Ashley Decker, MD, another of the study’s coauthors, said patients should be aware that cosmetic procedures carry risks of temporary and permanent AEs from improper techniques. Patients also need to understand that different injectables could have a broad range of properties and AEs, noted Decker, who is a dermatologic surgeon at the Dermatologic and Cosmetic Surgery and Skin Cancer Center at Cooper University Health Care in Marlton, New Jersey, and associate professor of medicine at the Cooper Medical School of Rowan University in Camden, New Jersey.
In her view, injectors have to be sufficiently experienced with the products being used. They also must maintain detailed knowledge of facial anatomy and be prepared to provide appropriate treatment should AEs occur. However, she said, the ultimate responsibility for each patient’s outcome rests solely with the supervising physician.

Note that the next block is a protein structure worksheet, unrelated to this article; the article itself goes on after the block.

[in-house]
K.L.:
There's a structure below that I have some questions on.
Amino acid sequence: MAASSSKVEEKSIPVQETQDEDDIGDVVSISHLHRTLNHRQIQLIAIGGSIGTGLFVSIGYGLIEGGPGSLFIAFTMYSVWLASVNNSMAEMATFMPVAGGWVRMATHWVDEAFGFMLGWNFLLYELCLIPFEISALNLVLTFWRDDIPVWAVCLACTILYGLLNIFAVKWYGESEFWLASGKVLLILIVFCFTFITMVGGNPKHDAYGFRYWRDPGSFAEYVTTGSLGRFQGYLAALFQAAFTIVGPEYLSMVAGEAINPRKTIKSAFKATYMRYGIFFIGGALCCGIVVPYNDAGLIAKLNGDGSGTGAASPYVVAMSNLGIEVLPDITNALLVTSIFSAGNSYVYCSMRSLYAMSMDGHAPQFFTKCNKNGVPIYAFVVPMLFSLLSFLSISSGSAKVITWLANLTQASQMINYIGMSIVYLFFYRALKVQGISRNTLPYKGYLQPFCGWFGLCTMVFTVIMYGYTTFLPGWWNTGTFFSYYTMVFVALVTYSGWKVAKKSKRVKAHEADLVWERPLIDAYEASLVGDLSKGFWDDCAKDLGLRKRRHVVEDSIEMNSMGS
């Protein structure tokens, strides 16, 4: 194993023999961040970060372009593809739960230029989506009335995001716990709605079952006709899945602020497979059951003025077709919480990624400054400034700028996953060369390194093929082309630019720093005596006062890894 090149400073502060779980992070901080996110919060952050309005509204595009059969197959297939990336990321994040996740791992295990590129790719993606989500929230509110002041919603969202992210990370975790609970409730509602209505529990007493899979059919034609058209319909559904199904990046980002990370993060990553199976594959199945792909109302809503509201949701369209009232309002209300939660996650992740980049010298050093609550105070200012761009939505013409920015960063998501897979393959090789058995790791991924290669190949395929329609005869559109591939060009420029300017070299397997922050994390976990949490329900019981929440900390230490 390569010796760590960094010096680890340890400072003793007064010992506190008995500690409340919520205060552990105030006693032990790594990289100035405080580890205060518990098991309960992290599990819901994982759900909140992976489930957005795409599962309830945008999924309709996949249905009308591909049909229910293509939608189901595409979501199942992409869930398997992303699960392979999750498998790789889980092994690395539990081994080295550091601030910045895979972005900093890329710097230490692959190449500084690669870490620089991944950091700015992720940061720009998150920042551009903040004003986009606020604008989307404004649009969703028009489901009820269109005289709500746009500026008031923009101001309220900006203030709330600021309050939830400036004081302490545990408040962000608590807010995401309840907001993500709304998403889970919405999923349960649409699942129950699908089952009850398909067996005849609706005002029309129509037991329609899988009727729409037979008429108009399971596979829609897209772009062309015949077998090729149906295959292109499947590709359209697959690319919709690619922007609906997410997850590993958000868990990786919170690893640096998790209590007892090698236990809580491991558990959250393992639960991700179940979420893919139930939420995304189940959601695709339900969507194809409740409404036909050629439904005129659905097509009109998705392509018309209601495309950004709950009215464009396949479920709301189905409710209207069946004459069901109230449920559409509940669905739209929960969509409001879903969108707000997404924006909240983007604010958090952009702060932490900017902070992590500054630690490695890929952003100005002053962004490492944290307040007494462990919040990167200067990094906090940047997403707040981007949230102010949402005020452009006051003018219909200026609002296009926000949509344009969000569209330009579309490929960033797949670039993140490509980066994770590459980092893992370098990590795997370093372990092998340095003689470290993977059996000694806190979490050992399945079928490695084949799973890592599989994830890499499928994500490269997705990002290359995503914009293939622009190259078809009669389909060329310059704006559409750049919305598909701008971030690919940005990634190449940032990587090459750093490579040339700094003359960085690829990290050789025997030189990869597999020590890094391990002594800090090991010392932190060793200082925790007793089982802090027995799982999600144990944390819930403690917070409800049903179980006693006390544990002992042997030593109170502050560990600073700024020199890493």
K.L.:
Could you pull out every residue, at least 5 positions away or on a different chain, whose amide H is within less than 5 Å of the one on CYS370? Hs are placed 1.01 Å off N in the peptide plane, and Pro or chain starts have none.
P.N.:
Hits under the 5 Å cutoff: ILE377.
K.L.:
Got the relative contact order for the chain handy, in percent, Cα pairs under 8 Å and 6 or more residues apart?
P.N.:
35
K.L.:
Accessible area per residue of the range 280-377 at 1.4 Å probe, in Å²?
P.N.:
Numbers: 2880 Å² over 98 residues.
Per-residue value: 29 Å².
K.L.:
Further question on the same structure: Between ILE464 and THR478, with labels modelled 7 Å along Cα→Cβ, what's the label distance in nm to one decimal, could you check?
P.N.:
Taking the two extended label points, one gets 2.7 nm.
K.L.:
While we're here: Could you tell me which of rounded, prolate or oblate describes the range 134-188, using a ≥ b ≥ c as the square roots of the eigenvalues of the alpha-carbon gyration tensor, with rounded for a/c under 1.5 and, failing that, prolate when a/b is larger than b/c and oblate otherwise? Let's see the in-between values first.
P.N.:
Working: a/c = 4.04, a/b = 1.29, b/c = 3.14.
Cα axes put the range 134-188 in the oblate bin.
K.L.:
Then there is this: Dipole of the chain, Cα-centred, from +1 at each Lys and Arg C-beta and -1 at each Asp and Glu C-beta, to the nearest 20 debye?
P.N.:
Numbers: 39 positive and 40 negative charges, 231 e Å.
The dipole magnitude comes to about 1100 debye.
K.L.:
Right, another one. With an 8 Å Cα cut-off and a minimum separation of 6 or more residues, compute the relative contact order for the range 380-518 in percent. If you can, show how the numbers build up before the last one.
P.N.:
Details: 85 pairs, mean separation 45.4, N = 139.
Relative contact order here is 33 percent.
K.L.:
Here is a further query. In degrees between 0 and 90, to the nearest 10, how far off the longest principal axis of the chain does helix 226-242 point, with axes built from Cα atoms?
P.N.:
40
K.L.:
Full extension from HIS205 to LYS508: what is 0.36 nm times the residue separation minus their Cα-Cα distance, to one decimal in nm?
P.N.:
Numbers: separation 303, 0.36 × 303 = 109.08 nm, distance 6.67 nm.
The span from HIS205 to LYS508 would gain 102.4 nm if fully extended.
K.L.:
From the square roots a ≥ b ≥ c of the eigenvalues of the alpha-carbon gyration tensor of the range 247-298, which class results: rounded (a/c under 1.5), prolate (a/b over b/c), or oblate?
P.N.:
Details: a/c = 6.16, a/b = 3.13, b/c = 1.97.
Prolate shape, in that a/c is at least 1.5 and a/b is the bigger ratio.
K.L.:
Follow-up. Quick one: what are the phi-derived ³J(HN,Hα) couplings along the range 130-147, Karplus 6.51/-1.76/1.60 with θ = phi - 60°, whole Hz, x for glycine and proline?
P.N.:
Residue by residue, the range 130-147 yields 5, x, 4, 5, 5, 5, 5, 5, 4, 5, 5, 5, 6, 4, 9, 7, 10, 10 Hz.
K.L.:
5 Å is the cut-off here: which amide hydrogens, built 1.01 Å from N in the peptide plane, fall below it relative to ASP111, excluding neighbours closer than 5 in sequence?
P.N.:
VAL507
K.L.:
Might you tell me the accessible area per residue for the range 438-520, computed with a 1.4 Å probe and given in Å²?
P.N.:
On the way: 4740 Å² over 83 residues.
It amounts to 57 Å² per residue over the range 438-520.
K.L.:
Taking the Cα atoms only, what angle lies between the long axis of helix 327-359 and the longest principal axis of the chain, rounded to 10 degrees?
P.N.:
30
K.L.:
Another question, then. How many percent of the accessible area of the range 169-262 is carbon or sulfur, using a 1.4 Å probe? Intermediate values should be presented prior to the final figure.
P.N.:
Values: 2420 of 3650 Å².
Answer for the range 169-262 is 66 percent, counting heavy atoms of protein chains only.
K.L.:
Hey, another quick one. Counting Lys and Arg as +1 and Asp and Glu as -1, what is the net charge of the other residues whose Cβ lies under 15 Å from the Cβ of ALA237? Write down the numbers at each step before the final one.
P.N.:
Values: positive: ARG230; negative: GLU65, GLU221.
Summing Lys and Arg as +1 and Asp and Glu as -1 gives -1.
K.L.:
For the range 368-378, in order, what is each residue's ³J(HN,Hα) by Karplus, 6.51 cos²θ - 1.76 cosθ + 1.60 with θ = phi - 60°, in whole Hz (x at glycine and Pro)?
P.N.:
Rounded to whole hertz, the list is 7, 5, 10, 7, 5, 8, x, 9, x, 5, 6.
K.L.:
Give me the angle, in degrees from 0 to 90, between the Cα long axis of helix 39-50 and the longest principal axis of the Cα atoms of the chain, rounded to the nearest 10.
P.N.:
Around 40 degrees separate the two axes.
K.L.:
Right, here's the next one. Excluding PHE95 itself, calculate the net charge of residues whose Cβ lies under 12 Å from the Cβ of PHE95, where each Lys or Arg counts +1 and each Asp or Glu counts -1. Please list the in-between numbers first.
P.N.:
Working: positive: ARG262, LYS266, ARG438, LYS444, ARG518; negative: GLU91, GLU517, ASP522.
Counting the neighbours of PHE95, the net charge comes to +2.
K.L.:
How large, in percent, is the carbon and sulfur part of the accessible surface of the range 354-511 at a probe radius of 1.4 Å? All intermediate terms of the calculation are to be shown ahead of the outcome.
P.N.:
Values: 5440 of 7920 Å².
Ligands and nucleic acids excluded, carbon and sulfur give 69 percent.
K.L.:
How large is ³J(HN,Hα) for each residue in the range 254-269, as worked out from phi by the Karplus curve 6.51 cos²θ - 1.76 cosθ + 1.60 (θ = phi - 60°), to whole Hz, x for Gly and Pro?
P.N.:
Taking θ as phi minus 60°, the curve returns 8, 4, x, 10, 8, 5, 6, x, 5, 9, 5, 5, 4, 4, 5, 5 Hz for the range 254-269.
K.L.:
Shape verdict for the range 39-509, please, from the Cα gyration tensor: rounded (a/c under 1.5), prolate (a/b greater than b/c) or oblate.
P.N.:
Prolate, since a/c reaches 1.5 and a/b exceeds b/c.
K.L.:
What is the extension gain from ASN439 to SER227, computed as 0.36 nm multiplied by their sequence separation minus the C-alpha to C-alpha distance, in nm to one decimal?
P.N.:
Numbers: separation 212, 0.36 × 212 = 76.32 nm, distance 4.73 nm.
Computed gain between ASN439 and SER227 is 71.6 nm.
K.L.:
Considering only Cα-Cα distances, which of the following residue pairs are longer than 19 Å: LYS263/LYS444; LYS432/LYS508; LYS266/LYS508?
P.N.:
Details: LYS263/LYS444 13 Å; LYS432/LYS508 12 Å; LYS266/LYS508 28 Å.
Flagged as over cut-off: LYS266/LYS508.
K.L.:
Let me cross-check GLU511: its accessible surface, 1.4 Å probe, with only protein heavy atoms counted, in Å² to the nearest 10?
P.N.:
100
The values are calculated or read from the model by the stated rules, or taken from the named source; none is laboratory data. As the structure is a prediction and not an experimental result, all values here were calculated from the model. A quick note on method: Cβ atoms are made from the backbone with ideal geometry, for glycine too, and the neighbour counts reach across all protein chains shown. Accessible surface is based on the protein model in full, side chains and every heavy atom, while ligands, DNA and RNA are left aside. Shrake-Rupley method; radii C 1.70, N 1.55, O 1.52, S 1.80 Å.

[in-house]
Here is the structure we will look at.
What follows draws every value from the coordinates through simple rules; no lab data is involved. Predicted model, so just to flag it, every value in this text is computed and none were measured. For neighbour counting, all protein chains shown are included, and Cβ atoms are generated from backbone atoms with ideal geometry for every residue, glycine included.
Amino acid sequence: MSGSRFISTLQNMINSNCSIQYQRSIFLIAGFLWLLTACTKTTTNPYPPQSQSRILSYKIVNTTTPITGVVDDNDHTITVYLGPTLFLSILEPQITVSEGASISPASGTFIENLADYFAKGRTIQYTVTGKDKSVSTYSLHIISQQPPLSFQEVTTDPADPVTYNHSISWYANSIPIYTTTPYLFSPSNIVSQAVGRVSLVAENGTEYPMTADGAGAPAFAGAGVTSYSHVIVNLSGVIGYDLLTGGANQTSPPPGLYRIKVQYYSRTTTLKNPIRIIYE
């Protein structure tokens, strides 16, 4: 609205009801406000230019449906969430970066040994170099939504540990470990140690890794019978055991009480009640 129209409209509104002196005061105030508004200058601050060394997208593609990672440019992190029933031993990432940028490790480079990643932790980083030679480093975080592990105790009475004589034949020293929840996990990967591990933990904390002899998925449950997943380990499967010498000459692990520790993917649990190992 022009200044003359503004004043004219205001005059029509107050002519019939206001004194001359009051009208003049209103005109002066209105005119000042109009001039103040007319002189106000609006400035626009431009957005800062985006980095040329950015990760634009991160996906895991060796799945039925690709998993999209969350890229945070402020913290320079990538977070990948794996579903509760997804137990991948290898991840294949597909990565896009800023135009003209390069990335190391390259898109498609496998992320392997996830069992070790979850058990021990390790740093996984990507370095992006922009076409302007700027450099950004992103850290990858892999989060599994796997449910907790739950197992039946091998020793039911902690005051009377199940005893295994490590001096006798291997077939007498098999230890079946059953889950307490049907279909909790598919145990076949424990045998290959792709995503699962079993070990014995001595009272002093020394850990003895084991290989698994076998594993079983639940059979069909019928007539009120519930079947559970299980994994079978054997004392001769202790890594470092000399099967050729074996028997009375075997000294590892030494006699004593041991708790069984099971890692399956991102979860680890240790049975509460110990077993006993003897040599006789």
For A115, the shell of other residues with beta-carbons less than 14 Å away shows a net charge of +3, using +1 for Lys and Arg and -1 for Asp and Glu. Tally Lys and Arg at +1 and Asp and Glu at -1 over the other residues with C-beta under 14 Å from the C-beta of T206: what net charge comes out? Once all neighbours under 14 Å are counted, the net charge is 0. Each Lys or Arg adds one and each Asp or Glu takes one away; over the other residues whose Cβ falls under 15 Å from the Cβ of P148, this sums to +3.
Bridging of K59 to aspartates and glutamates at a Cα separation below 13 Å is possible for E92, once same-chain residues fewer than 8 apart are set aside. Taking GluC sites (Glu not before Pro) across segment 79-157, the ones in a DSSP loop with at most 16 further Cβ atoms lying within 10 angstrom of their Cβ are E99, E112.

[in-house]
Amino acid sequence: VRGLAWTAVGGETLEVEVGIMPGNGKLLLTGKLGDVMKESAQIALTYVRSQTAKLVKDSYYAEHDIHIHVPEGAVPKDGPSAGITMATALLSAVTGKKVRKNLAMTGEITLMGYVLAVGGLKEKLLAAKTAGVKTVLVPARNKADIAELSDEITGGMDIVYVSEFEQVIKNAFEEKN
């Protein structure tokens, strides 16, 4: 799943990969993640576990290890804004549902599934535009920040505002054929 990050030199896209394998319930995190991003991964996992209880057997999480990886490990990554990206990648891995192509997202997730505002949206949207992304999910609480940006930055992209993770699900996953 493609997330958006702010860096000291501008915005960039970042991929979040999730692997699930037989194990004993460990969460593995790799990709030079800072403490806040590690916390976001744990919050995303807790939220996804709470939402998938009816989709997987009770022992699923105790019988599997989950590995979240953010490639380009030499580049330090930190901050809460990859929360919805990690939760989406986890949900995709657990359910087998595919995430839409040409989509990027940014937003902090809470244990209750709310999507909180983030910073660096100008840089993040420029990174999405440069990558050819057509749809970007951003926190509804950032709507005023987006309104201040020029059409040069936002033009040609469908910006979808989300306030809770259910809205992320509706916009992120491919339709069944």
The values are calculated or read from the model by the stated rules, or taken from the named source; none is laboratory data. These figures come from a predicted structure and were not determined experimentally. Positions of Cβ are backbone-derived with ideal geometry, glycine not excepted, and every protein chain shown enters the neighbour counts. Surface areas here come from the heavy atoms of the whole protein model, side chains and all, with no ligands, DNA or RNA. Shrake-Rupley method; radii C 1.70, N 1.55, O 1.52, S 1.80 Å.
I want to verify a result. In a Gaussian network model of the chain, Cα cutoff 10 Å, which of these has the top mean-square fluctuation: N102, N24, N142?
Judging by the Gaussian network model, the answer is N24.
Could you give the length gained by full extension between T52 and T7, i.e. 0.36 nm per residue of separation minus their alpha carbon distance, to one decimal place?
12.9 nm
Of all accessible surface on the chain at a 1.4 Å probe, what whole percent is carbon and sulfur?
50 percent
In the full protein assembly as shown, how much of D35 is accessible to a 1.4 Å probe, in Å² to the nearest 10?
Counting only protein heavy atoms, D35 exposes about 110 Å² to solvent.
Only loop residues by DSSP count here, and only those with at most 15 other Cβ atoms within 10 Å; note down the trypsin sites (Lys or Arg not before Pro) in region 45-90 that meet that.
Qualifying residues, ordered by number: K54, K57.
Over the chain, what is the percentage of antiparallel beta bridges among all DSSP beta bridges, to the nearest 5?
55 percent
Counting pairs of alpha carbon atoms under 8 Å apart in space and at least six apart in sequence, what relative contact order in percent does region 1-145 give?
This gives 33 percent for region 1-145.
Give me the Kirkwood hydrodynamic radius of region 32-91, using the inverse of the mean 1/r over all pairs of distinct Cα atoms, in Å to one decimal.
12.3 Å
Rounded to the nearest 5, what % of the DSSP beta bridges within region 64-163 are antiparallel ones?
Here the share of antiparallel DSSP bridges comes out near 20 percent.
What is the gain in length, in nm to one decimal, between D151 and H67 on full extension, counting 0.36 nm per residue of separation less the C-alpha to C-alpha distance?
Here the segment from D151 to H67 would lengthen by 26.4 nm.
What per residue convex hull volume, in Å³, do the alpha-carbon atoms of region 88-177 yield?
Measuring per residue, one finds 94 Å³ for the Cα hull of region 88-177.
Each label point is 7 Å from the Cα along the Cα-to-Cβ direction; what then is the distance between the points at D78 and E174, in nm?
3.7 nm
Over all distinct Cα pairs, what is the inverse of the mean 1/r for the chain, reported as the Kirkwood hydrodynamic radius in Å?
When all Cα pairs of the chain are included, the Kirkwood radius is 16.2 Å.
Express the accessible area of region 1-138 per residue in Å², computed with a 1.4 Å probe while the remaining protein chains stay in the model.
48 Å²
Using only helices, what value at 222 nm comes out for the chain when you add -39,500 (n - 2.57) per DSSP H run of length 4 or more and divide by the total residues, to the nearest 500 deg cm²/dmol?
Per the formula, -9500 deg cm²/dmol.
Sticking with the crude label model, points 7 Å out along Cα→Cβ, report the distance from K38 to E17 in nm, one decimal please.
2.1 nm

In some cases, the practice owner can decide who administers injectables and, in others, it’s the state’s choice.
State laws differ on whether certain procedures can be done by a non-physician. The laws can define what can be delegated, who can perform the practice of medicine, and the impact on malpractice insurance coverage, according to Geronemus.
Some organizations believe there is not enough regulation protecting patients. This is why the advocacy group American Society for Dermatologic Surgery Association (ASDSA) was created. The ASDSA is an advocacy group separate from the ASDS that promotes patient safety. It includes more than 6400 board-certified dermatologists as members. They support requiring on-site physicians to supervise all non-physician providers to ensure patient safety. ASDSA also opposes decision-making based on financial gain to ensure the best quality of care and patient outcomes, as stated in its position on Physician Oversight in Medical Spas.4
The ASDSA has drafted new model legislation, called the Medical Spa Safety Act5, to keep medical procedures under the supervision of physicians in medical spas. The model would require on-site supervision of any non-physician treatment providers, along with requiring medical directors to have training on all procedures being performed. The bill also mandates additional education requirements, such as training by a vendor or manufacturer; notification if a physician is not on site; and options for mandatory AE reporting.